Maintaining Momentum

“We have been working closely with their attorney and our legal people to set up an acceptable structure where we could use the tax equity as investment return … making the project very lucrative for the Tribe,” said Cabral. “We crunched numbers … and developed a financial and organizational structure.”

Winning the support of a broad set of internal and external stakeholders required both housing authorities to build a strong case for the energy and money that could be saved in defense of the bottom line. Herne said demonstrating costs would continue to rise with a business-as-usual approach—as well as examining the risks posed by climate change versus the benefits of increasing climate preparedness and resiliency—made the need for energy efficiency and renewable energy measures more palpable. “This was the catalyst to AHA’s newfound philosophy to adopt alternative and green methods as much as possible,” she said. And Cabral had a similar story: the preliminary analysis, the funding and technical assistance available to NHPA through DOE, and the identification of a good site for solar arrays all brought the potential return on investment into focus.

DOE Co-funds Tribal Solar Projects

Faced with the highest energy costs in the state of New York, the Saint Regis Mohawk Tribe and Akwesasne Housing Authority are paving the way for the Tribe to go green. Having already implemented several energy efficiency and renewable energy projects, the Tribe plans to leverage funding from DOE’s Office of Indian Energy to install 615 kilowatts of solar photovoltaics (PV)—providing clean energy to numerous low-income tribal members' residences and other buildings on the Reservation, creating 11 jobs, and saving nearly $0.5 million over 30 years.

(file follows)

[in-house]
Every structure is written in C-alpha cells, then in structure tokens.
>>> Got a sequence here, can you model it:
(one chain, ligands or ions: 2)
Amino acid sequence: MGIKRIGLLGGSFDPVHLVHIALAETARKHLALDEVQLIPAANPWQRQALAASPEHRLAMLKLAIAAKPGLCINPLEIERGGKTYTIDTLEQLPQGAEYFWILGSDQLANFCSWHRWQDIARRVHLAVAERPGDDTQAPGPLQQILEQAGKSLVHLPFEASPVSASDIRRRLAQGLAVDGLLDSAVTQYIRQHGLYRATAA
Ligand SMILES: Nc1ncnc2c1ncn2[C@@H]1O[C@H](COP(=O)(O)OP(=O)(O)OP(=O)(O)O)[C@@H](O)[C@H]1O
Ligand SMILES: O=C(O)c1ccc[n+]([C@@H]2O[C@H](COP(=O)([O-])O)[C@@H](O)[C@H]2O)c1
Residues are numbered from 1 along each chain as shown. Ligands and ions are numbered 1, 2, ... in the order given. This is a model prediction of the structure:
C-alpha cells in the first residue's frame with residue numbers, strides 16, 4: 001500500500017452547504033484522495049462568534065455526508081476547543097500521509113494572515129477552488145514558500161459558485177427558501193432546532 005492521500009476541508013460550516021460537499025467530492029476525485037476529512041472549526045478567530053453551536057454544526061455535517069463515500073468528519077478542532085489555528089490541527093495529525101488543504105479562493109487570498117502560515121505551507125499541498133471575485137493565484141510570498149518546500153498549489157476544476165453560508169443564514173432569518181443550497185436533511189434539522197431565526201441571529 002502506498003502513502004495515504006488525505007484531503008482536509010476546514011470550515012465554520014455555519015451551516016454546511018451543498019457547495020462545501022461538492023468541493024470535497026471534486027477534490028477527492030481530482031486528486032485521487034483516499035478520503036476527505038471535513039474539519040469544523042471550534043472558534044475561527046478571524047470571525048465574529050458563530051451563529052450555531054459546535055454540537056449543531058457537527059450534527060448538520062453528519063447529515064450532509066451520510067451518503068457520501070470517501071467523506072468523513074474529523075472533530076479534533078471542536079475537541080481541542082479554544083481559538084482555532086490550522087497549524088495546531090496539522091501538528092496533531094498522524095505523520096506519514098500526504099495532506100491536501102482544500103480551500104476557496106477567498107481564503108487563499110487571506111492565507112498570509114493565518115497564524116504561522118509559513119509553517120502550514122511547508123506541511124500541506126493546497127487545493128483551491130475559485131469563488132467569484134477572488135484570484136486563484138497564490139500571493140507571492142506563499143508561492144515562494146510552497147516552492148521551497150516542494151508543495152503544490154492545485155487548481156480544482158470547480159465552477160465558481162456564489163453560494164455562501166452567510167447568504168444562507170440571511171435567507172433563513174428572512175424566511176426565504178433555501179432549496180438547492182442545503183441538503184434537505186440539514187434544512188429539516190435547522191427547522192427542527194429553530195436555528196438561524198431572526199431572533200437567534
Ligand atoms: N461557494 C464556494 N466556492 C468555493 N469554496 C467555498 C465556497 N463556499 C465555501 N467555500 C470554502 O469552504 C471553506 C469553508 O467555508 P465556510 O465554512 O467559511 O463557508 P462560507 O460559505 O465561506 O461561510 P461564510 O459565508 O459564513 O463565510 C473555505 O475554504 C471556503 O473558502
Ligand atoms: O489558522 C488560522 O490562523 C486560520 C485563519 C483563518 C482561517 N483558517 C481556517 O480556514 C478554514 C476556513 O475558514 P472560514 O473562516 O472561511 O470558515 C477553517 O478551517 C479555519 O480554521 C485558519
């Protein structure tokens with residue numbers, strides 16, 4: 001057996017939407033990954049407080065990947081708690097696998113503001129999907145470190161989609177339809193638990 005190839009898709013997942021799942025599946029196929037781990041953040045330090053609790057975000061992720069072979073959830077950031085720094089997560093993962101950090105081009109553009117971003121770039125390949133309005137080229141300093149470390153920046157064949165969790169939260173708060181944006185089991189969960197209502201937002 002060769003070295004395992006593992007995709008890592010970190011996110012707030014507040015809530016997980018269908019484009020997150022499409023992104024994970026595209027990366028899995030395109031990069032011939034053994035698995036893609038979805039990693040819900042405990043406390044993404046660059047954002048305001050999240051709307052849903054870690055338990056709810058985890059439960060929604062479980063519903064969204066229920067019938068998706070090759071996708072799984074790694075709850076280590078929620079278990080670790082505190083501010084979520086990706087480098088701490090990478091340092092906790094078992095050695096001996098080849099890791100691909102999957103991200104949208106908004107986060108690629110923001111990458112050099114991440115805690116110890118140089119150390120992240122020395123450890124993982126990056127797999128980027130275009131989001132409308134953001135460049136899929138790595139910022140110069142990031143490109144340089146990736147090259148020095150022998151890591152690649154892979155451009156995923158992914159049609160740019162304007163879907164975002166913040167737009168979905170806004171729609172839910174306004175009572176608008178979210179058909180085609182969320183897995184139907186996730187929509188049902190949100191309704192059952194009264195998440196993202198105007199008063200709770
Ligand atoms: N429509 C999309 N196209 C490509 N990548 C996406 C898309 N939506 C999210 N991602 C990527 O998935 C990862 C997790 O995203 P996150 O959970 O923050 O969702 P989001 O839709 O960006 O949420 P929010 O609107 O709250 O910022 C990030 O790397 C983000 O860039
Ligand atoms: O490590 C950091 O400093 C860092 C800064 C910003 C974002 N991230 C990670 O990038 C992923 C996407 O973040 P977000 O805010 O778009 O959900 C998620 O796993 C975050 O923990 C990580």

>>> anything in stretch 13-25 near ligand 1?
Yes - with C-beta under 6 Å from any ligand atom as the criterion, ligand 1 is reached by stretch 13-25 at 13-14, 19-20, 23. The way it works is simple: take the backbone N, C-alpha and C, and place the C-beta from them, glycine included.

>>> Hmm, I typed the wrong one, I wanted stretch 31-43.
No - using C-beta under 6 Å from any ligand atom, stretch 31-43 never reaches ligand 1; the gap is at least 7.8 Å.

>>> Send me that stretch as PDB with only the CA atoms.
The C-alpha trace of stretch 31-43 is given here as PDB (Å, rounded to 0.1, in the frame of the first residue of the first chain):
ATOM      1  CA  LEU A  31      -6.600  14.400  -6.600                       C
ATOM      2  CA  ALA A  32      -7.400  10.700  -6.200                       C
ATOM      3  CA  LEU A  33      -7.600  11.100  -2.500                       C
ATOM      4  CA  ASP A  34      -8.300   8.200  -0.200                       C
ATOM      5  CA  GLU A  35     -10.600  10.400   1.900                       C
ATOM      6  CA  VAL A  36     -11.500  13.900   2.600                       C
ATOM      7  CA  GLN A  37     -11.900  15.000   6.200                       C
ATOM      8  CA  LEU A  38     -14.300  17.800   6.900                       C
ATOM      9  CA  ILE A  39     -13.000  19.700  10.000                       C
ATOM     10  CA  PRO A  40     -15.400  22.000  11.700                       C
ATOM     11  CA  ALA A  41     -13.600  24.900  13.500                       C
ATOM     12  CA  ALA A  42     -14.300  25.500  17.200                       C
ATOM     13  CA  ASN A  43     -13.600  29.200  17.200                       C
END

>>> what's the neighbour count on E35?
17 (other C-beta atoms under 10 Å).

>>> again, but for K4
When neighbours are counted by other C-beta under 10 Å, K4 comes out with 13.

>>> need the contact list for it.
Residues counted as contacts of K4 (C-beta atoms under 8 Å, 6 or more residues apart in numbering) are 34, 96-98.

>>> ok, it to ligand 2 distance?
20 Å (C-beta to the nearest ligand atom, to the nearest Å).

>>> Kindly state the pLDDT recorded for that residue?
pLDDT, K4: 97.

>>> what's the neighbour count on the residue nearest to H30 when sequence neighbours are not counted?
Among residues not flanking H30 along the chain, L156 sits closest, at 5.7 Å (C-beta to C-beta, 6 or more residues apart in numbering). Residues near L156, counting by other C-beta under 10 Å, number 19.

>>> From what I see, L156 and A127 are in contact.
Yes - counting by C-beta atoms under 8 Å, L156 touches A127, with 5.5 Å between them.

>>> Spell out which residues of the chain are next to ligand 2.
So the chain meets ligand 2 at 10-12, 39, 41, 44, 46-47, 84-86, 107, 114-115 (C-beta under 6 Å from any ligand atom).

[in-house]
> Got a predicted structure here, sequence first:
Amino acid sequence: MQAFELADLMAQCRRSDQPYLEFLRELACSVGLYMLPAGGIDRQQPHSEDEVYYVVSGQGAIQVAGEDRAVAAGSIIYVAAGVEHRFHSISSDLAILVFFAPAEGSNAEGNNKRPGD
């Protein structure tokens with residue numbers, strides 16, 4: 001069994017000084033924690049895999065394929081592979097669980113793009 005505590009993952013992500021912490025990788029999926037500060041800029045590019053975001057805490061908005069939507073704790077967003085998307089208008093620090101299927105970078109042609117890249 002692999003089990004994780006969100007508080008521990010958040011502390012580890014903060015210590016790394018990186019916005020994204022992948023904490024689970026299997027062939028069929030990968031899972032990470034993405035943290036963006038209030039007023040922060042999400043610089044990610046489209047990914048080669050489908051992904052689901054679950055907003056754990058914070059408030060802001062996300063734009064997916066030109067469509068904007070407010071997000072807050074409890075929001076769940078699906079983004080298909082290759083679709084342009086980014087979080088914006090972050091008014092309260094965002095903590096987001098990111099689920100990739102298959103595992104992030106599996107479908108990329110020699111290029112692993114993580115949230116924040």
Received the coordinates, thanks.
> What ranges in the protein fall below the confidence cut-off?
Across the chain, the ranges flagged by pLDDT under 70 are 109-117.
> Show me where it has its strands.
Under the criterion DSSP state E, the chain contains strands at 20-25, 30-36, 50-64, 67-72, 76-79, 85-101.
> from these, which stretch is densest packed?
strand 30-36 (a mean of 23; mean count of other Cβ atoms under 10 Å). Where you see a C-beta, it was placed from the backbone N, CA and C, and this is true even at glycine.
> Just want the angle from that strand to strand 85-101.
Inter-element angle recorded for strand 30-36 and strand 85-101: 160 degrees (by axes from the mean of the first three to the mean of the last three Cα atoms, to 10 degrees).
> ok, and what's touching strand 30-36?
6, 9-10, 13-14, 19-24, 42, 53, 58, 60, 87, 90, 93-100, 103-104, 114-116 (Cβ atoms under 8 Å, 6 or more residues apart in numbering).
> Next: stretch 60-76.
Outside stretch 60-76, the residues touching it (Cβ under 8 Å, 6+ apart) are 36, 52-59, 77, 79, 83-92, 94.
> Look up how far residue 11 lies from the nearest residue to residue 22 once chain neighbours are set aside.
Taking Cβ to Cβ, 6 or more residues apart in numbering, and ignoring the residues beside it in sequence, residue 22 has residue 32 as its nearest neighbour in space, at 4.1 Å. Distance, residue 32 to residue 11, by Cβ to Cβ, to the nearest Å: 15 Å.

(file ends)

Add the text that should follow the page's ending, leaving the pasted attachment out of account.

Although it is the smallest, most isolated, and poorest of the New Mexico’s 19 Pueblo tribes, Picuris Pueblo, in partnership with Northern Pueblos Housing Authority, is making progress toward its renewable energy vision. The Tribe has completed several solar projects including a solar-powered fire station—New Mexico’s first net zero energy building. The Tribe plans to leverage funding from DOE’s Office of Indian Energy to construct a 1-MW solar array to offset 100% of the energy currently being consumed by the 50 homes and 12 tribal buildings on Pueblo trust land. The Pueblo currently has a power purchase agreement with the local electrical cooperative and expects to net nearly $6.5 million over the 25-year project period.